Of course, if you are asking about the 1976 two-dollar bill, it is not printed anymore. The 1976 $2 series ended its production in 1978. By that time, there were already 590,720,000 Series 1976 $2 bills printed. The 1976 2-dollar bill has the signatures of Treasurer Francine Irving Neff and Treasury Secretary William Simon.
Today, you can still find the $2 bills but with the most recent series. If you want to confirm, you can even go to your bank and ask for $2 bills when you withdraw your money in cash.
You need to specifically ask for them because $2 bills are not usually handed out. Most banks should have a stock of $2 bills ready in case their customers requested them.
When you request the $2 bills, tellers may need to go to the vault to get them or even order the bills from other branches if they don’t have enough for you. Nevertheless, this proves that the $2 bill is still printed and available in circulation.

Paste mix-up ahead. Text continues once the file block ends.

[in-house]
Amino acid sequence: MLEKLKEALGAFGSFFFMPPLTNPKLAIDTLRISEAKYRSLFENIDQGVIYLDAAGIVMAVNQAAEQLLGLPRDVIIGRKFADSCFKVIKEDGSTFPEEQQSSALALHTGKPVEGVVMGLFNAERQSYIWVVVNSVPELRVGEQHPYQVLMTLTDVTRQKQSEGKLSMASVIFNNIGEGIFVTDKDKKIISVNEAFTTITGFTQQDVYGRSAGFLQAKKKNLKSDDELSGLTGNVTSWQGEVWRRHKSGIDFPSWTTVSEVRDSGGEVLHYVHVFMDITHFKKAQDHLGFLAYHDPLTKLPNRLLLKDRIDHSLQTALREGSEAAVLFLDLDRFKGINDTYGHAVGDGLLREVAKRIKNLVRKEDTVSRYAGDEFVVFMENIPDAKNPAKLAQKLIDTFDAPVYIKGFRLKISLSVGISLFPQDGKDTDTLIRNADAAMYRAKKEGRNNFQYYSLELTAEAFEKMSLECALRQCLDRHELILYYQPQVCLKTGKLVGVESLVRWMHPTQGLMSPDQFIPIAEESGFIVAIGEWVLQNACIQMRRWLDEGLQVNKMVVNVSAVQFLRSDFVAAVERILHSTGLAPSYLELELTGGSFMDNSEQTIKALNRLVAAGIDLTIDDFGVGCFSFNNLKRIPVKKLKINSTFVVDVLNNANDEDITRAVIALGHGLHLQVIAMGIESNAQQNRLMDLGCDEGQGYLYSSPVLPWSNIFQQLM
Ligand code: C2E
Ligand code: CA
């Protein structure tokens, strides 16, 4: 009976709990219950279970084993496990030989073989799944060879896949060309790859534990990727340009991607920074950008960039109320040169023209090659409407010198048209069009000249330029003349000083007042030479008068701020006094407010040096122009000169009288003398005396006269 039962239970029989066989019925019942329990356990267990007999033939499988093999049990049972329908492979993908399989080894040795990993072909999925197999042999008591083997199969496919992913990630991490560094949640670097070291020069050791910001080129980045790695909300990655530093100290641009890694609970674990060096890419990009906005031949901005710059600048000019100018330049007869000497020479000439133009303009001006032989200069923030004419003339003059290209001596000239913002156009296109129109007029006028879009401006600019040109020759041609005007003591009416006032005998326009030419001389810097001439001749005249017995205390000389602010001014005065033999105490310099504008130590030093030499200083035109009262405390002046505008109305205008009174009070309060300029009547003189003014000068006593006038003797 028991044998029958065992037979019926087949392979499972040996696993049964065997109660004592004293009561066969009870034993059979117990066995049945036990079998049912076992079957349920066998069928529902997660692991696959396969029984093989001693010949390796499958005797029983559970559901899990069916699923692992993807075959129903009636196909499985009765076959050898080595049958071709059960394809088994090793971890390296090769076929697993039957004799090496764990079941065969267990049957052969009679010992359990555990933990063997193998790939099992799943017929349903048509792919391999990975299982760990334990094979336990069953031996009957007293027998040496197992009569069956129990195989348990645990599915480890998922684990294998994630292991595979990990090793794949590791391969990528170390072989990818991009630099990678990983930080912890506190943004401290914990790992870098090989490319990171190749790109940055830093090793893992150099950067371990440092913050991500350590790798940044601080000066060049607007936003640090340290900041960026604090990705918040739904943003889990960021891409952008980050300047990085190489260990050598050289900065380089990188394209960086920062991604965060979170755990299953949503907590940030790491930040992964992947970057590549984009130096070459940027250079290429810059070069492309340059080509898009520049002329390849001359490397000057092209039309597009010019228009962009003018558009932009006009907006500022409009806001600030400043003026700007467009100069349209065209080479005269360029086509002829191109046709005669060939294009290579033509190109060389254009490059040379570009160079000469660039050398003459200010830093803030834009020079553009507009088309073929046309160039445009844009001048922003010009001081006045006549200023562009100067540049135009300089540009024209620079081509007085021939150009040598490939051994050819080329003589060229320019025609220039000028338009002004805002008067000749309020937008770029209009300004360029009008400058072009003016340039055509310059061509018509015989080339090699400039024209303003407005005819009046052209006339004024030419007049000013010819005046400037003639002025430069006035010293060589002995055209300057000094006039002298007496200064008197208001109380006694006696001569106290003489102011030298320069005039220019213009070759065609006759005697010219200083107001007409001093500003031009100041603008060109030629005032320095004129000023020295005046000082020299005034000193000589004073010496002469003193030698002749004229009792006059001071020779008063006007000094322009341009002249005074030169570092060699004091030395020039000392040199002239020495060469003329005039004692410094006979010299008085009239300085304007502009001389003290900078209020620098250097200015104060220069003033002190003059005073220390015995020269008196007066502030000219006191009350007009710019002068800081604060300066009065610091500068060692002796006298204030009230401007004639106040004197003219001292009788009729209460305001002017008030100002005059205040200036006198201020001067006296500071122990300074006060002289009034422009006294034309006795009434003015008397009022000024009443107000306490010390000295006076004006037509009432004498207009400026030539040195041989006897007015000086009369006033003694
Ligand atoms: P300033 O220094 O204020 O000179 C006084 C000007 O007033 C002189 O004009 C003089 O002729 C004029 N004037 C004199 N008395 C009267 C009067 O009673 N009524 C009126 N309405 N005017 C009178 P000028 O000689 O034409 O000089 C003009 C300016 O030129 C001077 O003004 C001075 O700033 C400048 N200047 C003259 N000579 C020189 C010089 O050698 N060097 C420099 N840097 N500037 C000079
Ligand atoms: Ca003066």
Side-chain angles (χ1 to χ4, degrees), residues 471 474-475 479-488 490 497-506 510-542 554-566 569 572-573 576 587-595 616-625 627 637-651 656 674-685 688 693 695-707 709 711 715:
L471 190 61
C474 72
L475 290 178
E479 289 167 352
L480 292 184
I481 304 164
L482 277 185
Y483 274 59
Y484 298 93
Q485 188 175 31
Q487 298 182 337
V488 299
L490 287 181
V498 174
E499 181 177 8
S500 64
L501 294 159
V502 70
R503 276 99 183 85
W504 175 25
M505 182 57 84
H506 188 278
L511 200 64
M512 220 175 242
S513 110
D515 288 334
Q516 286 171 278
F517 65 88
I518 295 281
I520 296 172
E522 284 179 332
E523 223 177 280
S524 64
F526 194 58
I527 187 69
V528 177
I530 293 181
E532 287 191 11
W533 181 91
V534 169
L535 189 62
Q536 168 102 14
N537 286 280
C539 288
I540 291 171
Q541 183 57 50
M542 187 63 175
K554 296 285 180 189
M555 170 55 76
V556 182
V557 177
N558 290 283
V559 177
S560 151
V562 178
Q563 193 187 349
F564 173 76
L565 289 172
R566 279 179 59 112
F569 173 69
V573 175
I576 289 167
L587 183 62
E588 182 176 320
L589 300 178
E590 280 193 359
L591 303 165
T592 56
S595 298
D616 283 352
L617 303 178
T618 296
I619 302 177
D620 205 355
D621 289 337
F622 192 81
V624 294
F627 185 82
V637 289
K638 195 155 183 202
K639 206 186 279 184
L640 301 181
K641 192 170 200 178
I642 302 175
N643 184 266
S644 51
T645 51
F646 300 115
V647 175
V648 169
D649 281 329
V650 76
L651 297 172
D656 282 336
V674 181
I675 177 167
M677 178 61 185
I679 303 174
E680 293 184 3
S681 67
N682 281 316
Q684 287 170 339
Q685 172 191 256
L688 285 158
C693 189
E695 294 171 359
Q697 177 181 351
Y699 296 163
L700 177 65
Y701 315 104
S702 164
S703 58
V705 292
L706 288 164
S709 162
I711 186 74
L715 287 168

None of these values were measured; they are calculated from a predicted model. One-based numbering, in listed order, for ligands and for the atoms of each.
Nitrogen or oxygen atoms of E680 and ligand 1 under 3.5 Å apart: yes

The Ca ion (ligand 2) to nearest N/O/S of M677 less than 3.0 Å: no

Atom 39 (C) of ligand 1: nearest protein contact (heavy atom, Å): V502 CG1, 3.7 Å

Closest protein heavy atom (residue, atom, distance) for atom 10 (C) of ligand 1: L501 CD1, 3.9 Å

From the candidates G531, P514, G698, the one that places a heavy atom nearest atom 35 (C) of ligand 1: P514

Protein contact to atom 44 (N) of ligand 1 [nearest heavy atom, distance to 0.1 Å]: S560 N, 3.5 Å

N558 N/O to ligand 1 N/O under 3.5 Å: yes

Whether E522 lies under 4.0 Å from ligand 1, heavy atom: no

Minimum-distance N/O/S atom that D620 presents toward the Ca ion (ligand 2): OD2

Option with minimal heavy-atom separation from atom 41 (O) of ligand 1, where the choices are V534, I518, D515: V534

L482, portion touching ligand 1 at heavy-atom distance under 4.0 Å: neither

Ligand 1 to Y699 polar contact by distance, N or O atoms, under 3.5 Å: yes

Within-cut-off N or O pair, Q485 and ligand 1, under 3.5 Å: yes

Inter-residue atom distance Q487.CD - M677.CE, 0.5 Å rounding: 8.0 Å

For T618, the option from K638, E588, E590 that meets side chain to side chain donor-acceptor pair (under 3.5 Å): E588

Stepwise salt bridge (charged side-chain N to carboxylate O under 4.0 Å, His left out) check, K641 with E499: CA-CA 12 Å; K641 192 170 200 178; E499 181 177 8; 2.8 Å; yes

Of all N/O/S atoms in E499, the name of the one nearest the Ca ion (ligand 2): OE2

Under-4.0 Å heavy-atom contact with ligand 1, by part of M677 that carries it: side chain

How Much Is A 1976 2-Dollar Bill Worth?
The normal 1976 2-dollar bill is worth as much as its face value. So, if you’re planning to sell a circulated $2 bill, you would simply get two dollars. However, if you have a $2 bill with an uncirculated condition, you could sell it for up to $15 or more.
There are some factors that could increase the value of your $2 bill. For example, if you have $2 bills with low serial numbers, you might as well get a higher premium for them.
Perhaps, the most expensive and valuable 1976 two-dollar bill is the one that received a printing error. Because they are extremely rare, these types of 1976 2-dollar bills are also more expensive than others.